South Carolina's highest court stays firing squad execution set for next week

Richard Bernard Moore has been on death row since October 2001 after being convicted of murder.

(CNN)South Carolina's Supreme Court issued a temporary stay of execution Wednesday for Richard Bernard Moore, who was scheduled to be the first person executed by firing squad in the state.

Lindsey Vann, one of Moore's attorneys, told CNN last week that they asked the state's highest court to put the execution on hold in order to give them time to appeal his conviction to the US Supreme Court.
Moore, who was sentenced to death for the 1999 murder of a convenience store clerk, was scheduled to be executed April 29. In a court filing last week, he chose firing squad over the electric chair..
      He did not have the option of choosing lethal injection, as South Carolina does not have the necessary drugs, according to the filing. The state Department of Corrections previously told CNN it has not been in possession of a usable dose of lethal injection drugs since 2013.
        Moore chose to die by firing squad but added in a statement he will not lose hope in two pending court challenges to the constitutionality of the state's death penalty method.
          "I believe this election is forcing me to choose between two unconstitutional methods of execution, and I do not intend to waive any challenges to electrocution or firing squad by making an election," he said in the statement.
          He chose firing squad, as required 14 days before the date of his execution, because "I more strongly oppose death by electrocution," he wrote.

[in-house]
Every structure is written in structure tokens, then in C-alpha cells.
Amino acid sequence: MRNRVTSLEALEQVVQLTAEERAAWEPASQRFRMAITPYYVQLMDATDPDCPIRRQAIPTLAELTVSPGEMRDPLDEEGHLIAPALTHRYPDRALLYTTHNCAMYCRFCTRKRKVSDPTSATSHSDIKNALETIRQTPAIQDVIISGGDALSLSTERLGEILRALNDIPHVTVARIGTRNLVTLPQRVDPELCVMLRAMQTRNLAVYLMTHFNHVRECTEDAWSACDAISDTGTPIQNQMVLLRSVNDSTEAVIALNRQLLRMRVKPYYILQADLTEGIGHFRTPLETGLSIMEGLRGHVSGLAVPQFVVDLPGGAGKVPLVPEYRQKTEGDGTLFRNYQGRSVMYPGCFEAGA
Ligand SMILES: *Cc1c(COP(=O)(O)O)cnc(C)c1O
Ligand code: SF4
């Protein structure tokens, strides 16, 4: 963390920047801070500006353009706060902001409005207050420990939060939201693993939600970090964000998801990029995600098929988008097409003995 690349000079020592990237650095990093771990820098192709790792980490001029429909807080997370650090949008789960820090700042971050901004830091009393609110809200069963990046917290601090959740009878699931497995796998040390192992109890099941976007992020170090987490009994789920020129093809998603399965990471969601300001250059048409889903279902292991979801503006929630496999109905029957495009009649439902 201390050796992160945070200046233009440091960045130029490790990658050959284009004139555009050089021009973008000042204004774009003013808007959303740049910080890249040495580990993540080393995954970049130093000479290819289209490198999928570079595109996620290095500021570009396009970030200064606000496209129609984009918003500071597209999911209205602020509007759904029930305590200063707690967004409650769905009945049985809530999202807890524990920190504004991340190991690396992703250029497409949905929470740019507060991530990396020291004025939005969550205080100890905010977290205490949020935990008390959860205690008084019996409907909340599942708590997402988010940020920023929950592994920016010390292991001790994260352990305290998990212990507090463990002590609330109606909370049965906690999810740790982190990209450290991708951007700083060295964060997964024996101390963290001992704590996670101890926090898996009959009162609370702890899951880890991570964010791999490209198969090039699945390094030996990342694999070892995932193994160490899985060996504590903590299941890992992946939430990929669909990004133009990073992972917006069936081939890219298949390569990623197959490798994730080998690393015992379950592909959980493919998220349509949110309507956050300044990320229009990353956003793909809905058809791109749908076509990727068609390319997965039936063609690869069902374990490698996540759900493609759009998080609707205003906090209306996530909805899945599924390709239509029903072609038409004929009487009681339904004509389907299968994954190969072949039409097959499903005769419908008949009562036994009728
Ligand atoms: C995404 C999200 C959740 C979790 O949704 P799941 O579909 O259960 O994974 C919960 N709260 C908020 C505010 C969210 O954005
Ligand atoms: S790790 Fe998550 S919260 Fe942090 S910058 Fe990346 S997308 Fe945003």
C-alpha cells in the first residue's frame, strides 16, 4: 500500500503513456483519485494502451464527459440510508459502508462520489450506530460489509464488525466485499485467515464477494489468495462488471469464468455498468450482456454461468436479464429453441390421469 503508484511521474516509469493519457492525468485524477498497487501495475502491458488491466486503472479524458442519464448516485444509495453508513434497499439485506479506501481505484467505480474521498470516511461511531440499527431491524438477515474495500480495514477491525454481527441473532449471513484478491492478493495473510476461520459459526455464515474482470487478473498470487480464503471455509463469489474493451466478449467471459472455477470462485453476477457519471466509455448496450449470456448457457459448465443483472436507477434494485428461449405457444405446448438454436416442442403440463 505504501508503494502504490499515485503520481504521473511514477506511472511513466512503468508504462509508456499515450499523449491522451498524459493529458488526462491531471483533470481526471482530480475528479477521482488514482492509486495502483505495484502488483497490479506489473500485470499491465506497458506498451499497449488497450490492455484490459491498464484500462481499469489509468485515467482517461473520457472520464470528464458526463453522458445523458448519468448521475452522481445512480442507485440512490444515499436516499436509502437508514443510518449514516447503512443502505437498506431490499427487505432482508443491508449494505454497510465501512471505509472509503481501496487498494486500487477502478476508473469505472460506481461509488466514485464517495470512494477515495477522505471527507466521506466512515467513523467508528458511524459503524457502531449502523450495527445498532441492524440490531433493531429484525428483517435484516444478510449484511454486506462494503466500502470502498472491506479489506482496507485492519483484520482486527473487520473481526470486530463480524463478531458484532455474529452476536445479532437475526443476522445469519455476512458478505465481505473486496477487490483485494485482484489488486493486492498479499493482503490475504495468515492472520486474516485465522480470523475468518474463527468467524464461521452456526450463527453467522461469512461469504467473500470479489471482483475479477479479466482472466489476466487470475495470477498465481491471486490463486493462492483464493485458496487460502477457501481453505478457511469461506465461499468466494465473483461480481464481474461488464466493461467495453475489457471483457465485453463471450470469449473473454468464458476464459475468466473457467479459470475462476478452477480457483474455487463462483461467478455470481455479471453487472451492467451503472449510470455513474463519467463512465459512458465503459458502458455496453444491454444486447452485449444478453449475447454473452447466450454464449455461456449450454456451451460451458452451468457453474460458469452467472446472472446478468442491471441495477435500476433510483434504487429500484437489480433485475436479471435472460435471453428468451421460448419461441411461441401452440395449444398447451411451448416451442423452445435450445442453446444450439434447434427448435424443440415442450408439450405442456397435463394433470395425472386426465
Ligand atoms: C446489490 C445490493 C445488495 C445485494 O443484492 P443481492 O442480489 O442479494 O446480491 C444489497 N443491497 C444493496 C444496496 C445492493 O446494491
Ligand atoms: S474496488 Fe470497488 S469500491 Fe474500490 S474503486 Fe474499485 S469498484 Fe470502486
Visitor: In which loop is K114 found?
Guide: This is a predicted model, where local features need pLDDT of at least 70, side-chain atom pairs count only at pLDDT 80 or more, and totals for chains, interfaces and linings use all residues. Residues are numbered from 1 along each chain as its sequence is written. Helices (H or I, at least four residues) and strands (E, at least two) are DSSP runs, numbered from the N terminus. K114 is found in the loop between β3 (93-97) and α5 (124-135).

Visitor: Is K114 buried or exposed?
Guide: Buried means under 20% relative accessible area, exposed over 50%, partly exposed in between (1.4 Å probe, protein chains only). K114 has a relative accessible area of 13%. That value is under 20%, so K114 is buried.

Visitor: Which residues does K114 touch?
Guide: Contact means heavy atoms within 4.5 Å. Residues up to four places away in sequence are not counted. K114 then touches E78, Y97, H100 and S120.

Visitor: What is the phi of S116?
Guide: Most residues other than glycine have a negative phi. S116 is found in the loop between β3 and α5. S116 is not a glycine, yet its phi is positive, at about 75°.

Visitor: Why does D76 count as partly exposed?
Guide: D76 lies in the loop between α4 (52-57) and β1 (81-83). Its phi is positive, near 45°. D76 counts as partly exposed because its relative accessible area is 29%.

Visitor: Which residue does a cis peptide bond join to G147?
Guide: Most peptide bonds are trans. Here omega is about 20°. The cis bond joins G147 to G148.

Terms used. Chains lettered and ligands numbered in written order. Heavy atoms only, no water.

Moore, 57, would be the first person executed in South Carolina in more than a decade.
          Last year, the state Legislature passed a law that made electrocution the state's primary execution method, though death row prisoners have the option to choose a firing squad or lethal injection instead if the options are available.
          On April 6, the South Carolina Supreme Court denied an appeal by Moore that argued his death sentence was disproportionate to penalties imposed in similar cases.
          Also Wednesday, the state set an execution date for Brad Keith Sigmon, who was sentenced in 2002 for two murders. Sigmon, who had a stay of execution last year, is scheduled to die May 13.
          South Carolina is one of four states -- Mississippi, Oklahoma and Utah are the others -- where execution by firing squad is legal.
          Jeffrey Motts was the last person executed in the state, having died by lethal injection in May 2011. The last death by electrocution was in June 2008 when James Reed was executed.
            Only three inmates in the United States have been executed by firing squad, according to the Death Penalty Information Center. The most recent was Ronnie Gardner in Utah in June 2010.
            There are 35 people on death row in South Carolina.